Different fates of palaces in Graubünden

Rémy Knafou

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Davos – The structure of the future palace completed (September 2012). The hotel Stilli Park managed by the Intercontinental Group, scheduled to open in late 2013 – © R. Knafou.

The Palace – luxury hotel of international fame – is inseparable from the Swiss Alps. It is intimately linked to the history of tourism. But Davos, with a past as a climatic health resort hosting tuberculosis people from European high society since the second half of the nineteenth century, has never owned a palace similar to those of its famous neighbor St. Moritz.
Its Great hotels are often converted sanatoriums, but without tradition of luxury.

The extent of its ski fields and the global success of the annual meeting (in January) of the World Economic Forum has justified the increase number of hotels since the 1960s and, ultimately, the ongoing construction of the Hotel Stilli Park a bit away from the center, near the lake. Funded by Credit Suisse (CHF 155 million), the future five-star hotel will have 187 rooms, 23 suites and will also manage 37 apartments, currently sold between 900,000 and 3 million Euros (74 to 199 sqm). The main building, egg-shaped, 42 meters high, will be covered with a glossy paint and will be noticed in the landscape.

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©InterContinental Hotels Group/w&p.

If hostels are as old as travel, Great Hotels and palaces are inseparable from the history of tourism: they appeared in the 1830s, first on plain – in cities: Geneva, Paris, Zurich etc.., and in some tourist sites (Venice), then rapidly from the 1860s in the mountains (Interlaken, St. Moritz, etc.).
Cities and tourist resorts (thermal and / or mountain) have been the preferred places for building Great luxury hotels, state of the art of their time.

The first hotel to bear the name of “palace” was, in 1884, the Maloja Palace, in Upper Engadine, at 15 km from St. Moritz. At the foot of the Maloja Pass, which for centuries was the most convenient access to this high valley from the Po Valley (ancient Roman road), the palace in neo-Renaissance style (300 rooms, 450 beds) dominates slightly the Lake Sils where, at the other end, twenty-four years later, another palace be built, the Waldhaus. And if the Maloja Palace suffered the decline and even the threat of destruction (after being a warehouse of the army and a summer camp), before finally being renovated from 2009, Waldhaus, remained in the same family, maintains, not without problems however, its status of palace.

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The Maloja Palace, in september 2012 – © R. Knafou.
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At the other end of Lake Sils, The Hotel Waldhaus, dominated by the peak Corvatsch (3 451m) – © R. Knafou.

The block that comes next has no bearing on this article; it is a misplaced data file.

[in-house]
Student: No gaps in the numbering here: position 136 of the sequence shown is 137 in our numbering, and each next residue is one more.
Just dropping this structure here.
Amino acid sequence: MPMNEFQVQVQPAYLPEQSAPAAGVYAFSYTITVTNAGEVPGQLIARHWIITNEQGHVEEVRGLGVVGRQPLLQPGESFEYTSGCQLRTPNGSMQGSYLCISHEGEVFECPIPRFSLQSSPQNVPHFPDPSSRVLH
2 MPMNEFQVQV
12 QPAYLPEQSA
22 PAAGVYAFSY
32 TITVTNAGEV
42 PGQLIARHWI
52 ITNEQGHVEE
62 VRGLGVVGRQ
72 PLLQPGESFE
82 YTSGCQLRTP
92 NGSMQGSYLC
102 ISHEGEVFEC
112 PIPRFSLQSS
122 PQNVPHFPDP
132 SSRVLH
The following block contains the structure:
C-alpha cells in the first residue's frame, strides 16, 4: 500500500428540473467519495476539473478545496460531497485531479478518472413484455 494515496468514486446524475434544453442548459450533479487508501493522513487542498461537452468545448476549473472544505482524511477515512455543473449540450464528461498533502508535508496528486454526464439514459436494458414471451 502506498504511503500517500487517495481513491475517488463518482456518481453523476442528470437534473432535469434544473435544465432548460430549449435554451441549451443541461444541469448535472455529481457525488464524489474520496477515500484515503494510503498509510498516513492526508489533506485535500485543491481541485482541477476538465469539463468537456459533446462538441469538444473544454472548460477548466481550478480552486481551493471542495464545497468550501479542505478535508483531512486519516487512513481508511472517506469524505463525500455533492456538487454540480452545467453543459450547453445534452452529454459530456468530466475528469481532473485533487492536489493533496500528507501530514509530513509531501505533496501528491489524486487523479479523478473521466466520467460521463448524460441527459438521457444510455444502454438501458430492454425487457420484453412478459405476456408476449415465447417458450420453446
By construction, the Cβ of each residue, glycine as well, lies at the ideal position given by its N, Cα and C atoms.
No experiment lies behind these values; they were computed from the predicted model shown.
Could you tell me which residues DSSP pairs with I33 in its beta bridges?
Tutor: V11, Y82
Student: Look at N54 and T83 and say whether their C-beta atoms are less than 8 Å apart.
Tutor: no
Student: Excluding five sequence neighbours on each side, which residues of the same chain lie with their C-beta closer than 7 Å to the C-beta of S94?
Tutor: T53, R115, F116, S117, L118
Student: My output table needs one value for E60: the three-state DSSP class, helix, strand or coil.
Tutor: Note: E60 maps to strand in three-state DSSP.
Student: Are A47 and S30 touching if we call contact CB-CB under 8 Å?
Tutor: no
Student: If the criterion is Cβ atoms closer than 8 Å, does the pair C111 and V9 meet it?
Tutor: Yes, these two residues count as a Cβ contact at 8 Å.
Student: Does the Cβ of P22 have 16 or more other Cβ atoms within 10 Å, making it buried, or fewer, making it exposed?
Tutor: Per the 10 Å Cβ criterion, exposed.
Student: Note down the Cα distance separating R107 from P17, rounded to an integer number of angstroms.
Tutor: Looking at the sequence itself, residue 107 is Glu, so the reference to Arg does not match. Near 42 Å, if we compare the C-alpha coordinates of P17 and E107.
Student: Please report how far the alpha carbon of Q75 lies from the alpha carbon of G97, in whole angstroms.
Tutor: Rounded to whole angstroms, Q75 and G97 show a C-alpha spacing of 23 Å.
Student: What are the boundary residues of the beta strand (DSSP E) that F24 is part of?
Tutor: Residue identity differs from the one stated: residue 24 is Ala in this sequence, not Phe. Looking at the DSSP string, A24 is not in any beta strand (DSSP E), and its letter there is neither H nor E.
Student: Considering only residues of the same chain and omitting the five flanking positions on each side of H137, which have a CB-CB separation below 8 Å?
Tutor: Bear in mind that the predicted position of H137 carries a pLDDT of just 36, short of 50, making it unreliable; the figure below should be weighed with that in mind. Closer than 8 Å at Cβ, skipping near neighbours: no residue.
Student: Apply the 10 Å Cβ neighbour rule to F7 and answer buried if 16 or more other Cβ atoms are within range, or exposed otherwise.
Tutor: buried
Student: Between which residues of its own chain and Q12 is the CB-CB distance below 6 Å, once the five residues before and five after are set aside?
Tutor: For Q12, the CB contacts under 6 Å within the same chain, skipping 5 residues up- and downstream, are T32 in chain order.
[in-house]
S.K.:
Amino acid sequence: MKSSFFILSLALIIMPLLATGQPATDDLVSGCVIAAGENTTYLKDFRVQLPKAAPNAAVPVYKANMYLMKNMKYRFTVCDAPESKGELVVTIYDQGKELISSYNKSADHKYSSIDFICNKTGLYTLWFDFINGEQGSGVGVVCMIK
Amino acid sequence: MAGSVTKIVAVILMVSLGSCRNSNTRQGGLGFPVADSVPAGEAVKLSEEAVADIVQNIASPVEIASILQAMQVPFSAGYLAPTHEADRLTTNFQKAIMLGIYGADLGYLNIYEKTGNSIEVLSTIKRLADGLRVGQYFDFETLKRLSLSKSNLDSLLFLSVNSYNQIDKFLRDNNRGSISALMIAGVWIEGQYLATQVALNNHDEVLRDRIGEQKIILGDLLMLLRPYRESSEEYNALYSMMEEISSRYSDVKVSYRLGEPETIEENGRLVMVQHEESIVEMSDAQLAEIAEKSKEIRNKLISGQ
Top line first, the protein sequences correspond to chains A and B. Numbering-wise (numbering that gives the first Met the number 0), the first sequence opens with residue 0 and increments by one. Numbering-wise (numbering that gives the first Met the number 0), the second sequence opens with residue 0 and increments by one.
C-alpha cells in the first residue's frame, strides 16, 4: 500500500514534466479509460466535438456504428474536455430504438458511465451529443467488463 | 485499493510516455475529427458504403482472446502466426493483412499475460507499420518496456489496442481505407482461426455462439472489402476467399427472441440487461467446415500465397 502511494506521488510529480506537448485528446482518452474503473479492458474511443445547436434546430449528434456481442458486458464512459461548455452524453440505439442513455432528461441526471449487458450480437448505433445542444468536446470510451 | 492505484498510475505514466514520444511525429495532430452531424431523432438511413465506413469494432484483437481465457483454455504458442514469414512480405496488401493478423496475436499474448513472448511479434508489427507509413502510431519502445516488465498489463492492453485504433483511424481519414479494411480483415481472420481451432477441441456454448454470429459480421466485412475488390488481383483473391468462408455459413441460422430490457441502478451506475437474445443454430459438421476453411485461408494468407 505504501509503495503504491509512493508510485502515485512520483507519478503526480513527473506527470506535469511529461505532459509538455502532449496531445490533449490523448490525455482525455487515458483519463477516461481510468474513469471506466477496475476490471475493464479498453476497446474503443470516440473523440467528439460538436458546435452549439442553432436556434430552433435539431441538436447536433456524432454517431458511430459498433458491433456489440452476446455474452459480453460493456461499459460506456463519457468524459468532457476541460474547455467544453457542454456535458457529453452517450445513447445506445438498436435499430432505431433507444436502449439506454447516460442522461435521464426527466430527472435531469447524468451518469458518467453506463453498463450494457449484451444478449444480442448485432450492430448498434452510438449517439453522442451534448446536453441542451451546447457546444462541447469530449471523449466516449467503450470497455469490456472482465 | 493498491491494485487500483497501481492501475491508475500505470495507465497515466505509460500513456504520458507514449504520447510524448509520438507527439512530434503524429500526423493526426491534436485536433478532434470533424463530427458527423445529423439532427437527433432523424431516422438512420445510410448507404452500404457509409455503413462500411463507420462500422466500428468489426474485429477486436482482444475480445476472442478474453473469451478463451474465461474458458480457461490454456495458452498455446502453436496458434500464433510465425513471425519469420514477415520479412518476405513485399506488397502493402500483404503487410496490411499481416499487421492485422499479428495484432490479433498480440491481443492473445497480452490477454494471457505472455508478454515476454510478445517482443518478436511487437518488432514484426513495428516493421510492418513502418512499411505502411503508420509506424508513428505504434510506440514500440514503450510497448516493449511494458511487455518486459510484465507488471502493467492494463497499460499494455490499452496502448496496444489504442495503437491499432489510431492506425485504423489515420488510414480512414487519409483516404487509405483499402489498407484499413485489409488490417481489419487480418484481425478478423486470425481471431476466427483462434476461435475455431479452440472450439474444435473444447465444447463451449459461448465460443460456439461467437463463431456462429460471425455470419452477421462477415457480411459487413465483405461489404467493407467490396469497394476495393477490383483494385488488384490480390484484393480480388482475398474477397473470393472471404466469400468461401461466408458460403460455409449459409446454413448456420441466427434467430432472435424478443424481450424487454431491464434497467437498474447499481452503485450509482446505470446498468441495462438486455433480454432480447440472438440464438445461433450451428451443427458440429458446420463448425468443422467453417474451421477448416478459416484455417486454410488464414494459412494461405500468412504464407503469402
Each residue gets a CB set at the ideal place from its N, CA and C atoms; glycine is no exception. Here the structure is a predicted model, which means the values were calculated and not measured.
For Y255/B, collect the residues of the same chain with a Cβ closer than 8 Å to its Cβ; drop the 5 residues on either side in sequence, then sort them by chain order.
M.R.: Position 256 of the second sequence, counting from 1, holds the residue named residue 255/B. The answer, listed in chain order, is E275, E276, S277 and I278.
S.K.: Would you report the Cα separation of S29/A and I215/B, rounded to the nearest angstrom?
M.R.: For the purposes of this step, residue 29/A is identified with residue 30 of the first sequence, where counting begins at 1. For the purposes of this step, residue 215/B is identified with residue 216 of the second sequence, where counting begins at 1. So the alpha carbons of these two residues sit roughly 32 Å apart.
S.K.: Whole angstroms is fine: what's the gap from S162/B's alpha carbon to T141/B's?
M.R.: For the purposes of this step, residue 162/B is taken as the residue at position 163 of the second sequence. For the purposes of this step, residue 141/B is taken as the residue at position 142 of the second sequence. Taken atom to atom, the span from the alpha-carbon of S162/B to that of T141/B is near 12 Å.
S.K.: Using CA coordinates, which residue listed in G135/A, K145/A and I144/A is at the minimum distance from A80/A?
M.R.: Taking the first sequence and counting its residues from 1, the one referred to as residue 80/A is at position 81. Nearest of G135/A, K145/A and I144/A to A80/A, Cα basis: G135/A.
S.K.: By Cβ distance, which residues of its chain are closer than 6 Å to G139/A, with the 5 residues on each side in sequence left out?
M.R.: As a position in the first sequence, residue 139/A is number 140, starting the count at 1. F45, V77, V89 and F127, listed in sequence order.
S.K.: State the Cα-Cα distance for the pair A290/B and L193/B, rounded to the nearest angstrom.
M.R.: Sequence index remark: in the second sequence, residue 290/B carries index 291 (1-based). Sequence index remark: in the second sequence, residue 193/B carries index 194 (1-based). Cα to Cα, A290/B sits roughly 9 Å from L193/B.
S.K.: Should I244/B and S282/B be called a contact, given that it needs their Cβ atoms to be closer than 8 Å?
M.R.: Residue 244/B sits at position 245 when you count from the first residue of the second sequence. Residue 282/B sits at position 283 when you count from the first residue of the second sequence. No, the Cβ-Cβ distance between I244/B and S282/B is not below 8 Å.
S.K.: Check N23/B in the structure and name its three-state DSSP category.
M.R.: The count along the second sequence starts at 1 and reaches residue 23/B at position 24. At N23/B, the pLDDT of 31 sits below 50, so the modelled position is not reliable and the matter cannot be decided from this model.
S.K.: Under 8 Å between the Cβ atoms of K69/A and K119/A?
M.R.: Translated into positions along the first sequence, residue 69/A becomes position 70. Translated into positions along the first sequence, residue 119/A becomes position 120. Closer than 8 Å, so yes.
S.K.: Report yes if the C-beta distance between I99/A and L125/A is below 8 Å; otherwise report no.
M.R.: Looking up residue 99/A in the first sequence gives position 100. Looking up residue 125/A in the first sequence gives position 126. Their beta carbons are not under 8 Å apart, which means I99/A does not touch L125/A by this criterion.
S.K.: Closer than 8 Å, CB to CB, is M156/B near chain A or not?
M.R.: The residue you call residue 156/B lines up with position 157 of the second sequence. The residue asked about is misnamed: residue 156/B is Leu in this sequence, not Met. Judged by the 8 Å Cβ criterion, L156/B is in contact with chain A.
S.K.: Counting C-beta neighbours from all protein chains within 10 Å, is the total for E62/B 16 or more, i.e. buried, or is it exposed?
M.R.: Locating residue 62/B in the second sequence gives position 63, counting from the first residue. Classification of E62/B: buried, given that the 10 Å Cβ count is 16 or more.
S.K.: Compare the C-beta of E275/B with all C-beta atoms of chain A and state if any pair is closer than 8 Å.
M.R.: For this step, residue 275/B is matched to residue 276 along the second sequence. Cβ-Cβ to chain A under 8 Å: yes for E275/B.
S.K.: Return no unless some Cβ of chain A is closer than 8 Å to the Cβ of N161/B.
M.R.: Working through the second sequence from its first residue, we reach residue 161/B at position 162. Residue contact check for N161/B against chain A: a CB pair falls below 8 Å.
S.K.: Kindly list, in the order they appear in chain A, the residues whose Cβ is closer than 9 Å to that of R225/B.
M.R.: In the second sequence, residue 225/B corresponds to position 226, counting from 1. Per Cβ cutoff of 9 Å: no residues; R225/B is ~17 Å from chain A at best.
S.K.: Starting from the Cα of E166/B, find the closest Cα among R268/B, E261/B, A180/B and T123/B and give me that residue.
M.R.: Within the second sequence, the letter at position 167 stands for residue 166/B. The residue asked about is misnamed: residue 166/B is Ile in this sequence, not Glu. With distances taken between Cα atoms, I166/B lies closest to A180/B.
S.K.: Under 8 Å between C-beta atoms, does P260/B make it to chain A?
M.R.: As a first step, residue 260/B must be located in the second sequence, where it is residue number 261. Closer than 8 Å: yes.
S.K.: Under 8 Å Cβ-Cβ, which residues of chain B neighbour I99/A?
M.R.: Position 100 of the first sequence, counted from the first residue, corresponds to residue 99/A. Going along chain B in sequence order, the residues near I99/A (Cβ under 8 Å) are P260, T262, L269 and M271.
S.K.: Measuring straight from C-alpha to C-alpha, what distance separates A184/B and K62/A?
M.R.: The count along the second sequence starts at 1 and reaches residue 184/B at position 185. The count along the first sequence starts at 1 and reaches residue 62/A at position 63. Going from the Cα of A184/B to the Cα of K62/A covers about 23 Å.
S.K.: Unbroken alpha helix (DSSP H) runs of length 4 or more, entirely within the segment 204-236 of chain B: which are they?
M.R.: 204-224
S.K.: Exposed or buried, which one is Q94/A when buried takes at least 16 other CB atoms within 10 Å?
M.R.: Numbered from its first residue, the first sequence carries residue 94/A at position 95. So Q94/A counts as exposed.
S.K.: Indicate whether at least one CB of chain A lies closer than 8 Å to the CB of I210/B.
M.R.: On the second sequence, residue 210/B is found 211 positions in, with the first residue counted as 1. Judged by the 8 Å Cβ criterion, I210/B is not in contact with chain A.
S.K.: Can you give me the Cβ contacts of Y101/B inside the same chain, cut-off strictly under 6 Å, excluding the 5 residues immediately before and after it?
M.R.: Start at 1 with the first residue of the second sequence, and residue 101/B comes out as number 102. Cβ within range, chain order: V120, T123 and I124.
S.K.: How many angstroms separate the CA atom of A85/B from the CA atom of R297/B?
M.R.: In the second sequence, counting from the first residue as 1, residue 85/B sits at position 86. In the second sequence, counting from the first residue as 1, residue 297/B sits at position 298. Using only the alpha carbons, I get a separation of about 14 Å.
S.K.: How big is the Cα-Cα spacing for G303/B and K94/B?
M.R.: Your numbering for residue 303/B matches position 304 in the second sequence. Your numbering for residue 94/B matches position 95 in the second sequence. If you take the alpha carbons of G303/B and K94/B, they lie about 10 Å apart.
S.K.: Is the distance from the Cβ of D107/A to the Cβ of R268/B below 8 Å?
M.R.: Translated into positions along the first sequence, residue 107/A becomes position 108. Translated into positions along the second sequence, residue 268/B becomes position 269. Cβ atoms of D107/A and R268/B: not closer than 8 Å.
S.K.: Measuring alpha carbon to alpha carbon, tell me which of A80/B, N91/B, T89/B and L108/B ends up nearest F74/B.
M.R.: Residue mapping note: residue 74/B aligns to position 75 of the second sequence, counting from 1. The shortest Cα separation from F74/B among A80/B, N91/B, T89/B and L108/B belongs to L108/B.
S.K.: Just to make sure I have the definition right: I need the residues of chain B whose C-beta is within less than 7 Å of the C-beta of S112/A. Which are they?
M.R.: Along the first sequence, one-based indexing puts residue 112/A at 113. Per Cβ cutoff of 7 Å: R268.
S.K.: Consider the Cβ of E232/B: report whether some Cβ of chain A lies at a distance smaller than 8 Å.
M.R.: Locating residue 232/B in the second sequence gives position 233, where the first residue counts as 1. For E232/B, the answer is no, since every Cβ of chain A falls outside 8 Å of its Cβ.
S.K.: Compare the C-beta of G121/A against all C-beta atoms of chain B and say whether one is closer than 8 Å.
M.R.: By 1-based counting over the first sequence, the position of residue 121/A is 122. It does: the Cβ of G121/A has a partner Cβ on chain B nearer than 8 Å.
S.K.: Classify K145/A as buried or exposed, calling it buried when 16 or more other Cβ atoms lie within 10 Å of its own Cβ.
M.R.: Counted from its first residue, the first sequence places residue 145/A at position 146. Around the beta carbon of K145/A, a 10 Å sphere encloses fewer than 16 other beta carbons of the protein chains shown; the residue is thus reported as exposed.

Nowadays, the Maloja Palace is no longer a palace, but a 4 star aparthotel: remain of its Golden Age its exterior facades carefully refurbished and its monumental stair; most of its interior is disappeared to make way for luxury rooms but without any style. In contrast, the Waldhaus, with its traditions maintained, its loyal customers and a strategy of slow and careful renovation has managed to surpass the brutal upgrades to keep much of its original decor until it has regained interest. This led to his being awarded as the “Historic Hotel of the Year” by the ICOMOS Switzerland, and to offer its guests a choice of three types of rooms: the “modern” (those which were rebuilt in 1980 and 1990), the “classic” (renovation of 1960/70) and “nostalgic”, those that the hotel could not restore at the time and now obviously can’t. The Waldhaus, as a Palace, has never had a great decor, but mountaineer sobriety. This was not the case Kronenhof in Pontresina, less than 20km from Sils-Maria.

Built as an inn for tourists in 1851, the Kronenhof grows to 50 rooms in 1870 and then to 154 rooms in 1886, when he received his great decor in the rooms and the dining room frescoes. This decoration was reclaimed in 2006, along with the creation of 29 additional rooms, a swimming pool area/spa of 1500 sqm at the forefront of progress in this area and an underground parking on two levels, for an investment of 37 million Swiss francs, made by its new owner since 2004, “AG Grandhotels Engadinerkulm” (which, as its name suggests, has another historical palace, the famous Kulm in St. Moritz, run by Johannes Badrutt in 1864 when he made his famous bet with British guests and encourage them to come back in winter against a promise to pay if they do not find the sun, thereby launching the winter season in the Alps).

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The Kronenhof is now fitted with a large indoor pool in the center of a spa of 1500sqm – ©R. Knafou, september 2012.
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The main salon of the Kronenhof; paintings of the dining room – © R. Knafou, september 2012.

St. Moritz has managed to retain its palaces, after going through a difficult period when many of them almost closed. The intervention of the Greek shipowner Niarchos (Onassis’s brother-in-law) was decisive in the 1970s, buying the Kulm after having first invested in ski lifts in the 1950s (Corvatsch and Nair). Niarchos family is actually the first private landowner in the famous resort.

TO CITE THIS ARTICLE

Electronic reference:
Rémy Knafou, Different fates of the palaces in Graubünden, Via@Pictures, posted on december 13th, 2012.
URL : http://www.viatourismreview.net/Photographie3_EN.php

AUTHOR

Rémy Knafou
University of Paris 1 – Panthéon-Sorbonne – rknafou@club-internet.fr